Uncovering Novel Data on Myeloma Patients Treated With Proteasome Inhibitors


Researchers uncovered distinct clinical characteristics in relapsed/refractory multiple myeloma patients receiving proteasome inhibitors.

Researchers uncovered distinct clinical characteristics in a German population of relapsed/refractory multiple myeloma (RRMM) patients selected to receive proteasome inhibitor–based therapy, according to the results of a study (abstract 1953) presented at the American Society of Hematology (ASH) 2018 Annual Meeting & Exposition, held December 1–4 in San Diego.

In patients with RRMM, proteasome inhibitors are a big step forward in treatment. Although three proteasome inhibitors were available in Germany in 2017-including bortezomib, carfilzomib, and ixazomib-little data exist regarding use. In the current study, the researchers, led by H. Tilman Steinmetz of the Center for Hematology and Oncology in Cologne, explored clinical characteristics and treatment experiences for RRMM patients treated with proteasome inhibitors.

Steinmetz and colleagues mined medical charts for patients treated with a minimum of one proteasome inhibitor–based regimen between January and June 2017. They collected the following data until either April 2018 or patient death: patient demographics, disease characteristics, and treatment history at diagnosis and at start of proteasome inhibitor–based treatment. Treatment responses were then analyzed.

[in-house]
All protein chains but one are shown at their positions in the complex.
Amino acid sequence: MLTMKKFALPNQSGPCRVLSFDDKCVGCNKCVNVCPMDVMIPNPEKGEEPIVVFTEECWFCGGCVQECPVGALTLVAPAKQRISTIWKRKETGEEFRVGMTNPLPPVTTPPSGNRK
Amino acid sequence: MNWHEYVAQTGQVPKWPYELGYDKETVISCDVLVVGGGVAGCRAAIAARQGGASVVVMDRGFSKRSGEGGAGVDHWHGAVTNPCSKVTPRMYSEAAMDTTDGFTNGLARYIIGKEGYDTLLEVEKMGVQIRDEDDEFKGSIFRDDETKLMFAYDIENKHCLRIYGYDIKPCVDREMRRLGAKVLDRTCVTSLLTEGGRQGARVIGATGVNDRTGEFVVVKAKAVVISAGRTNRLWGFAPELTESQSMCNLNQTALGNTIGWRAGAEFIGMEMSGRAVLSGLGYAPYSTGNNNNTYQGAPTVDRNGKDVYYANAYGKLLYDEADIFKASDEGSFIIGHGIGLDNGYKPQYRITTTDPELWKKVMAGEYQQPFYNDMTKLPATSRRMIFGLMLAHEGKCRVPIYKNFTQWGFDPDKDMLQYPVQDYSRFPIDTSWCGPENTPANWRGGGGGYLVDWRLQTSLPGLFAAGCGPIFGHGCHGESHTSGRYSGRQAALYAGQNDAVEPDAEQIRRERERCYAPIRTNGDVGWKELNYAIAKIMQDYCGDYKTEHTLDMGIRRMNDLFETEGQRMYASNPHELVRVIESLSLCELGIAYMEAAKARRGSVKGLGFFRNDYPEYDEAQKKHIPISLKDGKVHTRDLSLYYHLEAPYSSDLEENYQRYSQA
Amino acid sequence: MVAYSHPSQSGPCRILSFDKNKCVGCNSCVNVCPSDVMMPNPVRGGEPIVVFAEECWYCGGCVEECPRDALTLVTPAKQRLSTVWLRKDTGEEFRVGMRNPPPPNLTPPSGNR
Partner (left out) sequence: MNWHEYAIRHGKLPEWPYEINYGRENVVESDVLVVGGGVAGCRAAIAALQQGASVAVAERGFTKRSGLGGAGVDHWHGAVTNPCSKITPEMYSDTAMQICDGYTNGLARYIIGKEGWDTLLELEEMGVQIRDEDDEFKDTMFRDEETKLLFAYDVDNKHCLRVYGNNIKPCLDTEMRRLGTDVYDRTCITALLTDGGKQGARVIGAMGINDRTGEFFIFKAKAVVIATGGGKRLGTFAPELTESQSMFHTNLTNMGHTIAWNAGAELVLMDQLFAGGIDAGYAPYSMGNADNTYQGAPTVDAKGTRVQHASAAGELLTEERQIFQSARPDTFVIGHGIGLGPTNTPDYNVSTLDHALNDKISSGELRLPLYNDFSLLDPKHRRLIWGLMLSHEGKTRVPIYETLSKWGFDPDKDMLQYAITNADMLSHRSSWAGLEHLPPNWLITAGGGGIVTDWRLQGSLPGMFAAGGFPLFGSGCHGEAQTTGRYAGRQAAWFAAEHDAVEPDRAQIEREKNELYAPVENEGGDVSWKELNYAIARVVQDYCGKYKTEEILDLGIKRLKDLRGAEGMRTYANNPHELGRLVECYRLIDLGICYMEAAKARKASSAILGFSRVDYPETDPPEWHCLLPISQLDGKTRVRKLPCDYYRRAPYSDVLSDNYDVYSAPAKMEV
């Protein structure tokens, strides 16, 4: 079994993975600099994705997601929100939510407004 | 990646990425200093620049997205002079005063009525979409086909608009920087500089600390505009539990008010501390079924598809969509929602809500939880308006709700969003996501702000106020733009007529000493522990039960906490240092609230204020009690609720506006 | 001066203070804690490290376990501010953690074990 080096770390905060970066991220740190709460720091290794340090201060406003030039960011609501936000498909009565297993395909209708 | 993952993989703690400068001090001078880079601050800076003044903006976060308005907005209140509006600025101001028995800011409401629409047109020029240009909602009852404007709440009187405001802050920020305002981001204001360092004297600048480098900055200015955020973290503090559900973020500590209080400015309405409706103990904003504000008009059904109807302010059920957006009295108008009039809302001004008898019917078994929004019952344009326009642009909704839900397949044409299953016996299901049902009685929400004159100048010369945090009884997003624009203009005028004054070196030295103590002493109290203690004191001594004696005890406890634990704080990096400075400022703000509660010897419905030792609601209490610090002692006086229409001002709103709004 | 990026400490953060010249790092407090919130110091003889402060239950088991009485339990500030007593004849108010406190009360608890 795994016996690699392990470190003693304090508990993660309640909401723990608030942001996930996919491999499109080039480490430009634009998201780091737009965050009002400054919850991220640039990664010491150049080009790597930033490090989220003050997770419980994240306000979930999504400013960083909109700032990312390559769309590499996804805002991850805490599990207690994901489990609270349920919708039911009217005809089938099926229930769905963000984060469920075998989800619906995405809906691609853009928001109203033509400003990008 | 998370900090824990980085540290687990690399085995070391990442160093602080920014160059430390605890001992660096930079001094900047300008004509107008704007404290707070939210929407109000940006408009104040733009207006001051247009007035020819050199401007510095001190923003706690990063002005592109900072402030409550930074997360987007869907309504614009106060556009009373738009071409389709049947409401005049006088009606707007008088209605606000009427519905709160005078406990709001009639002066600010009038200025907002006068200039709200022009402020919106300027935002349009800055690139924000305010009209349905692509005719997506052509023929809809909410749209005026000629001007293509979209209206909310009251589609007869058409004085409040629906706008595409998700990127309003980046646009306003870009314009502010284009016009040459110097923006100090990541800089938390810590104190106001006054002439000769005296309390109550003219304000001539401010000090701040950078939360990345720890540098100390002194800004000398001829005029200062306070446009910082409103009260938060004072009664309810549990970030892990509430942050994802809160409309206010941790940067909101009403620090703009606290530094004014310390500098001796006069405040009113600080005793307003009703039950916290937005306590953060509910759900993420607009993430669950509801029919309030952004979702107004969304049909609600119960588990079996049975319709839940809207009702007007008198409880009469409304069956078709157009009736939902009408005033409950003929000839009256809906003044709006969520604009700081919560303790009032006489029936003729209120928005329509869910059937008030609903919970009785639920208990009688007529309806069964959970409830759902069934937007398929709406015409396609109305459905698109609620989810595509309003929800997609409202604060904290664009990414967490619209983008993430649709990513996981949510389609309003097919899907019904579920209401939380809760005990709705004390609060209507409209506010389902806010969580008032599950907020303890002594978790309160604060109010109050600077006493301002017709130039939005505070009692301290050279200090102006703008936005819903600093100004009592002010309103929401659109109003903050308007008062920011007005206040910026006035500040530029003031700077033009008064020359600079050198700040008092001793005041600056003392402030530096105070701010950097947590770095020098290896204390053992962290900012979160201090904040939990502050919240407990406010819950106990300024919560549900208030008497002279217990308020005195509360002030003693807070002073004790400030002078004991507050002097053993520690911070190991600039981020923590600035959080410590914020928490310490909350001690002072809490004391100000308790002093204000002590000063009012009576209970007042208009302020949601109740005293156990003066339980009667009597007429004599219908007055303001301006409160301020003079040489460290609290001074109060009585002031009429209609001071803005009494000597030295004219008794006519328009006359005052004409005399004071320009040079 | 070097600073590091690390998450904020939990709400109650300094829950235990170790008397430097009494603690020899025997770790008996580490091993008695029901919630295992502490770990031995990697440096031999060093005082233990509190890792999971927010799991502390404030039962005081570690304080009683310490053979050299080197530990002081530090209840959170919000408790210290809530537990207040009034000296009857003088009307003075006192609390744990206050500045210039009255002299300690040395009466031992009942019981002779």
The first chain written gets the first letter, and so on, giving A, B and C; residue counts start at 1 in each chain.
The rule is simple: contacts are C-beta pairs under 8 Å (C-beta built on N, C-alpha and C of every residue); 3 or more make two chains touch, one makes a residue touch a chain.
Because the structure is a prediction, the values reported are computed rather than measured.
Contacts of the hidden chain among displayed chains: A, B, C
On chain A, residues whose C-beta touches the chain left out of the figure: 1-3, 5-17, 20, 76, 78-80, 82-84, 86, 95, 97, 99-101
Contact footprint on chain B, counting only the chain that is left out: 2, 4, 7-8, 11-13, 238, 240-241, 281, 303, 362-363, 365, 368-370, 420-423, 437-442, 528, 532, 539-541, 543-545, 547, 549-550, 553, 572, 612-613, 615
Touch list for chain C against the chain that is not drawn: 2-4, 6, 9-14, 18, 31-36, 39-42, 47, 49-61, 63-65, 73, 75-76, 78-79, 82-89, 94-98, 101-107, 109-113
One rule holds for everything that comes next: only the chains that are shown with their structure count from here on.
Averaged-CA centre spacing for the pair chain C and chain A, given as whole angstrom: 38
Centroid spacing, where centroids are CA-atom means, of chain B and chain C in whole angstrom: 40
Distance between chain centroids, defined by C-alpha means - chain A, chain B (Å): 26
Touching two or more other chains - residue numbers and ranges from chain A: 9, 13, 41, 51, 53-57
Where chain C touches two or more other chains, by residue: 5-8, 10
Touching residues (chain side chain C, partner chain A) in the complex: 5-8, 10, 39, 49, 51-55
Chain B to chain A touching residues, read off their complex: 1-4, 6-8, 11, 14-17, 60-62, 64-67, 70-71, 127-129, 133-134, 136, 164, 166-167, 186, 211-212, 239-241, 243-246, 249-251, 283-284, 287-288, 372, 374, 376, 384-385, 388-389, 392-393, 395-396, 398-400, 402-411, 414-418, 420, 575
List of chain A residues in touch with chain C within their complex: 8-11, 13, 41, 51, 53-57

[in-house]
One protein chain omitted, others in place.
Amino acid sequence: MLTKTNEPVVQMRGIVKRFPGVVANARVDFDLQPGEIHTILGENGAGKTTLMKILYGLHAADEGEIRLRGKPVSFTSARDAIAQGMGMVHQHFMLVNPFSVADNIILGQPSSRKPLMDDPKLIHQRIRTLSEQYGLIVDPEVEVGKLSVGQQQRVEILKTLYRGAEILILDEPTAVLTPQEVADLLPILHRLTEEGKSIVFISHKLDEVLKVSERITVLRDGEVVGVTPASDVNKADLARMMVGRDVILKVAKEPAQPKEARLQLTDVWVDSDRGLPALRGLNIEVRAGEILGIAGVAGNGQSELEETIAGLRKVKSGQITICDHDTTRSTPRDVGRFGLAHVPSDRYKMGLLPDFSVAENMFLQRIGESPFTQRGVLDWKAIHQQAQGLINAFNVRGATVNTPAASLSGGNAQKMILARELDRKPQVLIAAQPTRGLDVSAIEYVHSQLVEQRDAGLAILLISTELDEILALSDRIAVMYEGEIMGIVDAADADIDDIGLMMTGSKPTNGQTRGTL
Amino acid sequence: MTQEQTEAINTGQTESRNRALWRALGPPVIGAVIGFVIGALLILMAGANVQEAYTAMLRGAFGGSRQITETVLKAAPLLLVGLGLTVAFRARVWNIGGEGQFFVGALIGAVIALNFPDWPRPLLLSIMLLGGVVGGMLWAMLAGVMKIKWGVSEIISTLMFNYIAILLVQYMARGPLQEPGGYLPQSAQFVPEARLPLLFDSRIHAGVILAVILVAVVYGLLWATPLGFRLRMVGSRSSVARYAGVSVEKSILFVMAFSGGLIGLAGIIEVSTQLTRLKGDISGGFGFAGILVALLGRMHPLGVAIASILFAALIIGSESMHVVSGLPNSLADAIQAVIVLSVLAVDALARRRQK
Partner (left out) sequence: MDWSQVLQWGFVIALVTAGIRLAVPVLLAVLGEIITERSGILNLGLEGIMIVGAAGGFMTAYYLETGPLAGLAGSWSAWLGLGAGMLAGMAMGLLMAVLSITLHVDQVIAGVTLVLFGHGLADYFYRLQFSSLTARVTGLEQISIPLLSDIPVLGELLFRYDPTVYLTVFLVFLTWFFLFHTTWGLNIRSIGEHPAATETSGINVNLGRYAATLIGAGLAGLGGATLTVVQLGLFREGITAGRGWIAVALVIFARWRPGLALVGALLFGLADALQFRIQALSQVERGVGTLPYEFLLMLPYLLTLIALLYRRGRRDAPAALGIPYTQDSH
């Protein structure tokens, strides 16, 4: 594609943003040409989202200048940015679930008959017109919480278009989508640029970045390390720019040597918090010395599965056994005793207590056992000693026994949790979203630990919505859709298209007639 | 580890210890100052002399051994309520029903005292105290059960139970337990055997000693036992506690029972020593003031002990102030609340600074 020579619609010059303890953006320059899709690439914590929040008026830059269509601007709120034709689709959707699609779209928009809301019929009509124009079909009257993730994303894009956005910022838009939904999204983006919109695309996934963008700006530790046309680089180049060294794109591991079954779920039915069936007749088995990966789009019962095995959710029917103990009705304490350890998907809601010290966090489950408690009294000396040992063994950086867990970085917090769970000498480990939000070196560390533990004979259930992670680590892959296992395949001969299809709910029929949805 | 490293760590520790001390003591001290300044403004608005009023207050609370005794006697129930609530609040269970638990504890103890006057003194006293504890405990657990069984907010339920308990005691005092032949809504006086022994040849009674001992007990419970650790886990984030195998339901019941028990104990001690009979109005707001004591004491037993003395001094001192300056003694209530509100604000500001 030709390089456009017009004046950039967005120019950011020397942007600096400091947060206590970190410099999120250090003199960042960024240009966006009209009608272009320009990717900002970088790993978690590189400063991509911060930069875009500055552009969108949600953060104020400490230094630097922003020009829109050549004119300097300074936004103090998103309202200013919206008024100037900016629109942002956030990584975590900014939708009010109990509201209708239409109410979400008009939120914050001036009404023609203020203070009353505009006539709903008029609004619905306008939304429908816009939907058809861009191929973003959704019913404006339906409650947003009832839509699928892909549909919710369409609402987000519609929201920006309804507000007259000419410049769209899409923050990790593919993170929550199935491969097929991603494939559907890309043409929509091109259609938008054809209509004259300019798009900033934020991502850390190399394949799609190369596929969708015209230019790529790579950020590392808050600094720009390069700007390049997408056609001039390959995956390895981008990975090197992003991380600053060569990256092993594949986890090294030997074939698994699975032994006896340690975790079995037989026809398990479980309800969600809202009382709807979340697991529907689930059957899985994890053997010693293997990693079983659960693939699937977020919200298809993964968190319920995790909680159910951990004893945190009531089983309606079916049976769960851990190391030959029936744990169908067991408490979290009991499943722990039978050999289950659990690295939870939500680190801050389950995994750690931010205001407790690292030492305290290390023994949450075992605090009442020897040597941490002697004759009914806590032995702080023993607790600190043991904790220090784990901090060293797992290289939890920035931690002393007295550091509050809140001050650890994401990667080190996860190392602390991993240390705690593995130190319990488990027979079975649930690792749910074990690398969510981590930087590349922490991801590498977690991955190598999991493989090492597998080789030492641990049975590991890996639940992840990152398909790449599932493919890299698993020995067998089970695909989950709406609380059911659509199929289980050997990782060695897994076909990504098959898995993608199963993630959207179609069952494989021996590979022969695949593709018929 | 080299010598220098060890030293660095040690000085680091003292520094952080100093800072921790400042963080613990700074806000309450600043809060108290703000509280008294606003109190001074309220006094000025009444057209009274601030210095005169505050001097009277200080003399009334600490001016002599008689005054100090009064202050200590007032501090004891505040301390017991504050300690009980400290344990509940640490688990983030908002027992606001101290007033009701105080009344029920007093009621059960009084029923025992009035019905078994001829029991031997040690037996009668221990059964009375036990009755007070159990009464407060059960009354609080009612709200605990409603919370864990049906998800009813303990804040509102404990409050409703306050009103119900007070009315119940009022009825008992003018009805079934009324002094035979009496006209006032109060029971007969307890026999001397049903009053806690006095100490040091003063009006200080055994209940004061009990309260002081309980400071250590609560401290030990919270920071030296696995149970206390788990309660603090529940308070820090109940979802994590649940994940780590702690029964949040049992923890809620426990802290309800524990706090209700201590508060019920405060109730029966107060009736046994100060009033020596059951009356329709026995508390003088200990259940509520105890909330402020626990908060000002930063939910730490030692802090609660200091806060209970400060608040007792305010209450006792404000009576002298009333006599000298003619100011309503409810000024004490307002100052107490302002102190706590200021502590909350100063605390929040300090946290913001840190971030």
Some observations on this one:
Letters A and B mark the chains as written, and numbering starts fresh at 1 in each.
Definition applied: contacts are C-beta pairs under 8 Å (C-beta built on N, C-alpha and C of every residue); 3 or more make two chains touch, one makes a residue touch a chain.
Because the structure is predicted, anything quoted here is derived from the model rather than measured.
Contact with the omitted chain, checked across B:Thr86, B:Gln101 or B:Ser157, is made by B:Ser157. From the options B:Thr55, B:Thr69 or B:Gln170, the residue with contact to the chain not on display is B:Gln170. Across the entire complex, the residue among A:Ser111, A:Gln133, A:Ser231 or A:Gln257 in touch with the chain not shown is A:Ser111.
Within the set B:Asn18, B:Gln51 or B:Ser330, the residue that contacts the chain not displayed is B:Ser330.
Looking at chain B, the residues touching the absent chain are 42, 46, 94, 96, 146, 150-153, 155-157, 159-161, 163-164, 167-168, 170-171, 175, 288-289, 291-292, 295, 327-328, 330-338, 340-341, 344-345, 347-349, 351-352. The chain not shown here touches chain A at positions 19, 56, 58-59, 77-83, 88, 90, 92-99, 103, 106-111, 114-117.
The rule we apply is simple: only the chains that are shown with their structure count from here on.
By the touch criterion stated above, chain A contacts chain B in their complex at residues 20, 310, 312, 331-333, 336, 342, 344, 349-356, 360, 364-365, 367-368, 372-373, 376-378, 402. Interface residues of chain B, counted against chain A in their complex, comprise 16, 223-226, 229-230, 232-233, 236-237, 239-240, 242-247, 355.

In the study, 302 patient charts were assessed, including 219 patients receiving second-line treatment and 83 patients receiving third-line treatment. They found that patients administered novel proteasome inhibitors in the second line were, for the most part, younger and more transplanted vs bortezomib-treated patients, which, according to the researchers, appears to be an important consideration when designing therapies for RRMM. Additionally, the choice between triplet or doublet therapy for carfilzomib-based combinations reflected prior transplant status and overall functional performance of the patients. Finally, data suggest that the use of novel proteasome inhibitors including carfilzomib can yield deeper second-line responses.

According to the authors, the study did have limitations. “The main limitation of the study was the sample size of ixazomib-treated patients, due to open inclusion criteria to select patient charts,” they wrote. “This analysis was not powered to compare between proteasome inhibitors. Hence, results are descriptive of the clinical experience with proteasome inhibitor–based therapy to date and reflect current treatment practices in Germany in 2017.”

Outside experts were intrigued by the results of this study. “It’s very interesting that a large proportion of the carfilzomib patients, who had previously been treated with bortezomib, an agent with a similar mechanism of action, experienced very good partial response/complete response,” said Haris Vikis, PhD, a senior consultant at Kantar Health.

Martin Gramatzki, MD, of the division of stem cell transplantation and immunotherapy at the University Hospital Schleswig-Holstein and University of Kiel, told Cancer Network, “This real-world research is very valuable.”

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